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Topical Research – U.S. Treasury Market Trends

- March 15, 2023

Treasury Market Trends

Treasury yields of all maturities had been declining since the early 1980s, but the emergence of inflation has triggered a potential regime change

Finally getting paid to wait—yields on short-term government bonds have increased in nominal terms and, if inflation rolls over, may even be prospectively attractive in real terms

Finally getting paid to wait—yields on short-term government bonds have increased in nominal terms, and if inflation rolls over, may even be prospectively attractive in real terms

Parts of the Treasury yield curve remain deeply inverted as inflation and rate hikes have started to take their toll on growth

2s10s Treasury spread fell further in February to ~-80bps, while the 3-month/ 10-year spread narrowed to -96bps after falling to deepest inversion in at least 45 years last month

Fed Funds curve has continued to move higher, following January’s Jobs Report and CPI surprise; rates are expected to reach 5.4% in July and have now caught up (and surpassed) the FOMC’s December dot plot projections

The 2-year to Fed Funds spread was trading at -0.46% at the start of Feb, but has since narrowed with yields moving sharply higher as markets start to accept the “higher for longer” narrative

When the 2s10s spread is above 2%, investors should generally hold longer duration; when it is between 1% and 2%, it is not a home run; and below 1% is a coin toss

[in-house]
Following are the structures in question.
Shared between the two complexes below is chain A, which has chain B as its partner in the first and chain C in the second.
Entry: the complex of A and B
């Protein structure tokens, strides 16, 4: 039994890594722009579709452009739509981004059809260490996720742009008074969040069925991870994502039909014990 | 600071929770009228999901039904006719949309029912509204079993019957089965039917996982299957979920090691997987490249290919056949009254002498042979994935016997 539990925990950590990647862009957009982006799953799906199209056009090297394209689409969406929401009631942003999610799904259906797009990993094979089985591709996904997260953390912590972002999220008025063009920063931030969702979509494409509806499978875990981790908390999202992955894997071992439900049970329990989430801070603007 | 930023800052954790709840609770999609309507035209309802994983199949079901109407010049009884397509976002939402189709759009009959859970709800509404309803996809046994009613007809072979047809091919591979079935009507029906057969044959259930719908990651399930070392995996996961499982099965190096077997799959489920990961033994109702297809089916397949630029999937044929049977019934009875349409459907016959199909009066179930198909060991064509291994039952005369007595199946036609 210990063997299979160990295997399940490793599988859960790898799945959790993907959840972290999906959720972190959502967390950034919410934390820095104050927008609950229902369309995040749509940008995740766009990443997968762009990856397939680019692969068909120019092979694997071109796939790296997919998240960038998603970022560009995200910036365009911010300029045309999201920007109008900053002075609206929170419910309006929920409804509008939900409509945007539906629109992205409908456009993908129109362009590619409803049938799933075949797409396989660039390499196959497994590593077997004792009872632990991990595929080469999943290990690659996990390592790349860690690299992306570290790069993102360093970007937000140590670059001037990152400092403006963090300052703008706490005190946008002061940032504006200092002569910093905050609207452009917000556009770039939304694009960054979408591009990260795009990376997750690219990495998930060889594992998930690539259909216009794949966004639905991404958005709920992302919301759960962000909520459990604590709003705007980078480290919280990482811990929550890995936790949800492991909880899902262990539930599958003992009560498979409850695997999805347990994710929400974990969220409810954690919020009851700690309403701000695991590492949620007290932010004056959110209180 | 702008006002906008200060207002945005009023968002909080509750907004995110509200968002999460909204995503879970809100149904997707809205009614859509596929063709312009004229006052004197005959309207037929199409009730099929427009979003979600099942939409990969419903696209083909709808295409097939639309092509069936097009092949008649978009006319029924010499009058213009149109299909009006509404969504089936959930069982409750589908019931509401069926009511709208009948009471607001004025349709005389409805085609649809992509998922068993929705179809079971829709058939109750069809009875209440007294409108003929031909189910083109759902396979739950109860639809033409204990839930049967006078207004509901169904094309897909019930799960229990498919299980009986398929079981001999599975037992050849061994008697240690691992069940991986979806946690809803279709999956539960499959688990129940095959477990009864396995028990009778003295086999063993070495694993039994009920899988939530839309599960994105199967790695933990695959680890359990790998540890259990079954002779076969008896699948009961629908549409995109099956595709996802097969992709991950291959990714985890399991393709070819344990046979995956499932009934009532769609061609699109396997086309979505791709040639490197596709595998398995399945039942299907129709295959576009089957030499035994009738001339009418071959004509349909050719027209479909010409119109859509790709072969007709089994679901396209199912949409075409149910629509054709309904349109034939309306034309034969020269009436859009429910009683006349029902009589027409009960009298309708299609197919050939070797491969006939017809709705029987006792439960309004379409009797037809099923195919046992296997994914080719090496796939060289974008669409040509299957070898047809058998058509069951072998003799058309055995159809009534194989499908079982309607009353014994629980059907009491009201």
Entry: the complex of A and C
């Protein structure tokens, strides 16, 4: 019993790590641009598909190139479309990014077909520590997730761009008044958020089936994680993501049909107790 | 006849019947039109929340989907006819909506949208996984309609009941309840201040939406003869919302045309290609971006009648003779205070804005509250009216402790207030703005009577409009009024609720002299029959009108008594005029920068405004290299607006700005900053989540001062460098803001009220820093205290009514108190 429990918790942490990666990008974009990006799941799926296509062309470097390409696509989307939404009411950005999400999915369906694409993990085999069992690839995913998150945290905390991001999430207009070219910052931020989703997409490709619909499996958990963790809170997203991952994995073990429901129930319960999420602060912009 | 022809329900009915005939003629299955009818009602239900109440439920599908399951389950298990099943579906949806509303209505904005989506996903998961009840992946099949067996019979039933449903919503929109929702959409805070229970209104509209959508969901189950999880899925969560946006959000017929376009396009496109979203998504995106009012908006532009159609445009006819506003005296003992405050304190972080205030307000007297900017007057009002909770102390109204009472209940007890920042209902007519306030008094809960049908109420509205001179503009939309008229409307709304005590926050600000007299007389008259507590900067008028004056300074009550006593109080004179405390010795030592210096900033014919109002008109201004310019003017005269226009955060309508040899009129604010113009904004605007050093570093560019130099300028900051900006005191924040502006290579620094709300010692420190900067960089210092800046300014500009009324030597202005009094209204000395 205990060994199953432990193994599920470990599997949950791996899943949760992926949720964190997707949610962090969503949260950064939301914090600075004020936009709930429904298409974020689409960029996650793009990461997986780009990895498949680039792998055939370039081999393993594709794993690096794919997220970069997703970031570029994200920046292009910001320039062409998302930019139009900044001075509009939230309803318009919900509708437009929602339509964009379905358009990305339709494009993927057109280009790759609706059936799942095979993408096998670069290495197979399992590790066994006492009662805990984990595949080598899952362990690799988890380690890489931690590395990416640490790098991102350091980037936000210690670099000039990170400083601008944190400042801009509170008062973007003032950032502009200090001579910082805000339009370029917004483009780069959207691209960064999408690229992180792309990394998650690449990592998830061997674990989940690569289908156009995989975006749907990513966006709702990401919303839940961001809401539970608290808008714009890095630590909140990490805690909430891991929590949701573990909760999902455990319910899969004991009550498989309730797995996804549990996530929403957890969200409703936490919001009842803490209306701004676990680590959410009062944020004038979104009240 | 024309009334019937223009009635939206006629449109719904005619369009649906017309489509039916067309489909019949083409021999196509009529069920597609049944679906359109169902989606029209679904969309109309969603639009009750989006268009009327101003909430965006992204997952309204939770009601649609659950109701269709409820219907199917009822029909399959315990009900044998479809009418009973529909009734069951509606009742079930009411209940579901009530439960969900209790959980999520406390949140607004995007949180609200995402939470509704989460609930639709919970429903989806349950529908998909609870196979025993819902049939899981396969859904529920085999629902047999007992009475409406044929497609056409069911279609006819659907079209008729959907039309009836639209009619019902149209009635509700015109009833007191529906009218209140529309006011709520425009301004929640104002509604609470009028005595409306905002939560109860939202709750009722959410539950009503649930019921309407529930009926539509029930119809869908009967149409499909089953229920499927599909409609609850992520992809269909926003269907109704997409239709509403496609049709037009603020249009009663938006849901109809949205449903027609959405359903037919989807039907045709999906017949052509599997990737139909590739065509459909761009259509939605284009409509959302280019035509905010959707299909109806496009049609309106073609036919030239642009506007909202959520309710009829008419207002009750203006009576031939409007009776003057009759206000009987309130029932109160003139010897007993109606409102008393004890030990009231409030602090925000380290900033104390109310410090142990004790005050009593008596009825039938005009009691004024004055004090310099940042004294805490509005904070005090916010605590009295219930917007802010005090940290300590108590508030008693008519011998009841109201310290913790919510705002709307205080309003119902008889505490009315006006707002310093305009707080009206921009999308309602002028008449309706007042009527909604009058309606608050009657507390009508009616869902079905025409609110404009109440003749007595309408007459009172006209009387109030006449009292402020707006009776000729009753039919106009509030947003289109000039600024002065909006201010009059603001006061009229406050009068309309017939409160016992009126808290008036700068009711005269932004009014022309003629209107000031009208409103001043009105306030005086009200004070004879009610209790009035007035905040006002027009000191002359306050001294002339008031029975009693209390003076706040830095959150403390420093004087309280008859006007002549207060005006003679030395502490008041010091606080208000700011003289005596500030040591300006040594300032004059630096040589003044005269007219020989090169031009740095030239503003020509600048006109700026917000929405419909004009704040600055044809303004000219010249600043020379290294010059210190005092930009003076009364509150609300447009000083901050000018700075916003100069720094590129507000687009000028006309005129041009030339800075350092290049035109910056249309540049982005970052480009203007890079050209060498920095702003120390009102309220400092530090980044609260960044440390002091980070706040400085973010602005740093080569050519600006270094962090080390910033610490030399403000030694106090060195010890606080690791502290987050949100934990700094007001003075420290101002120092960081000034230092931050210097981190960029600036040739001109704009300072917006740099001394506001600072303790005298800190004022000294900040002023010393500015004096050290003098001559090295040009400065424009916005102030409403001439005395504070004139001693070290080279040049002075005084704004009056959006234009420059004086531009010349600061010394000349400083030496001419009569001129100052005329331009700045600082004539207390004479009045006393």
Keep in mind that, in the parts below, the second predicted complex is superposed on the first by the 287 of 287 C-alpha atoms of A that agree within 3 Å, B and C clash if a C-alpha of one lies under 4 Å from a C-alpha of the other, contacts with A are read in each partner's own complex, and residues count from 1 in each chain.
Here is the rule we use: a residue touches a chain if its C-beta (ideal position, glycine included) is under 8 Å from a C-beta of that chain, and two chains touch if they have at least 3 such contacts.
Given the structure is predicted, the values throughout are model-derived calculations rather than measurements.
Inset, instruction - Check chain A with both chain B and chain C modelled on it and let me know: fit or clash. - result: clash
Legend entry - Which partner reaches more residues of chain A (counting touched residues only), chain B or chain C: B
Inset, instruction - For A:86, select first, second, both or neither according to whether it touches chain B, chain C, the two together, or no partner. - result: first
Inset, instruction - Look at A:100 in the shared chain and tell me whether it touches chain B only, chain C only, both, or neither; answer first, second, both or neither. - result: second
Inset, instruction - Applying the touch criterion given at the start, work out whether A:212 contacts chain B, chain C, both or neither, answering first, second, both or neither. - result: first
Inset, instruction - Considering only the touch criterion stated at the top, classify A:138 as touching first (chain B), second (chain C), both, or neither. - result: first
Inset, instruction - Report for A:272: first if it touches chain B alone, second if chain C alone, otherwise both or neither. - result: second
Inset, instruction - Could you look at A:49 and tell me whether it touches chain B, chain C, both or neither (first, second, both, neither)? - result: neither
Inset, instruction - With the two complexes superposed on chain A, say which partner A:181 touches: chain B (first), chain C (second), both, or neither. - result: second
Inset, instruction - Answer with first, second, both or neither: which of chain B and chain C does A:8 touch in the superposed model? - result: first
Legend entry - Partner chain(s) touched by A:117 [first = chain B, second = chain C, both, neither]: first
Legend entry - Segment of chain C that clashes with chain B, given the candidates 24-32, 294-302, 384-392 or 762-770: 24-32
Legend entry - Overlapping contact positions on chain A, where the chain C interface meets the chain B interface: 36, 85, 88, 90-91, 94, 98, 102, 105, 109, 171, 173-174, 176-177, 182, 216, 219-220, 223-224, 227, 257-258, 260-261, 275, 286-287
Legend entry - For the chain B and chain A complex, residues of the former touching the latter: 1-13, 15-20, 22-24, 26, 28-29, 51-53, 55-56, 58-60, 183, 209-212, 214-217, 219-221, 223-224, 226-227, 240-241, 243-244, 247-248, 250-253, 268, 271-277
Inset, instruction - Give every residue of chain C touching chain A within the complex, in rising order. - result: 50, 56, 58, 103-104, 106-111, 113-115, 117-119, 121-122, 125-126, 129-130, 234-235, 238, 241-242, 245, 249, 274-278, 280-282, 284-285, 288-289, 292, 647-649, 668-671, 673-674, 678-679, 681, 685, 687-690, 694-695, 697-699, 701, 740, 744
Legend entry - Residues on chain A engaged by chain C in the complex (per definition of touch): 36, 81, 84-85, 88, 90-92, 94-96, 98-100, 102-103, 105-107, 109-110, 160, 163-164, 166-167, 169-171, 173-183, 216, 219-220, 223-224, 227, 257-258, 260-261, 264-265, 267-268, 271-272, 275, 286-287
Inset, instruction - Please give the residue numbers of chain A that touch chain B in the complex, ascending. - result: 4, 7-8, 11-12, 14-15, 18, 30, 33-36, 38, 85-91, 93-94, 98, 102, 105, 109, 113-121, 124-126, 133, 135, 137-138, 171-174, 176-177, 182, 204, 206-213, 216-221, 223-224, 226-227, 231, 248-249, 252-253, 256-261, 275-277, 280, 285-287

Cyclical vs. secular rise? Treasury yields had been in a downward trend for almost 40 years, but may have recently broken out

Federal response to COVID-19 lockdowns resulted in massive deficit spending, which required massive monetization

Government debt jumped as a result of the COVID-19 crisis response

Even with near-record debt levels, interest expense remains low but is expected to double over the next 10 years; weighted average maturity of government debt is 6.1 years

The productivity of debt has been on a downward trajectory since the 1950s, which has negatively impacted economic growth

Roughly 21% of the Fed’s Treasury assets mature within the next 12 months, amounting to over $1.1 trillion

Roughly 21% of the Fed’s Treasury assets mature within the next 12 months, amounting to over $1.1 trillion

Complicating fiscal spending decisions in 2023 is the fact that the debt ceiling (or debt limit) was hit in November at $31.4 trillion

Q1 2023 net issuance was expected to be $932Bn; Treasury cash balance has been worked down due to debt ceiling and now sits at $394Bn

Japan, China and the UK are the largest holders of U.S. treasuries, accounting for ~36% of foreign held bonds; all 3 are dealing with substantial domestic economic issues

Foreigners have stepped back from buying Treasuries; foreign holdings peaked in December 2021 and are down roughly $426Bn since

Fed’s planned balance sheet reduction ($47.5Bn/month from Jun-Aug ‘22 and $95Bn from Sep ‘22) has started to take shape, even if massively lagging planned pace

The Fed has not been able to nearly match the pace they planned to roll assets off their balance sheet; SOMA account runoff is currently behind by $207 billion

The issuance calendar is now uncertain given the debt ceiling debate has prevented typical issuance, but there will need to be catch up later in 2023

The issuance calendar is now uncertain given the debt ceiling debate has prevented typical issuance, but there will need to be catch up later in 2023

U.S. Treasury money market funds saw nearly $60Bn of inflows in Q4, marking the first quarter of inflows since Q4 ‘21; 2022 saw >$200Bn outflows

Market increasingly punishing policy mistakes, especially when you’re not the global reserve currency

The U.S. bond market remains relatively higher yield, which could help keep U.S. rates somewhat contained

The end of an era (no more negative yielding bonds)? We hope so…


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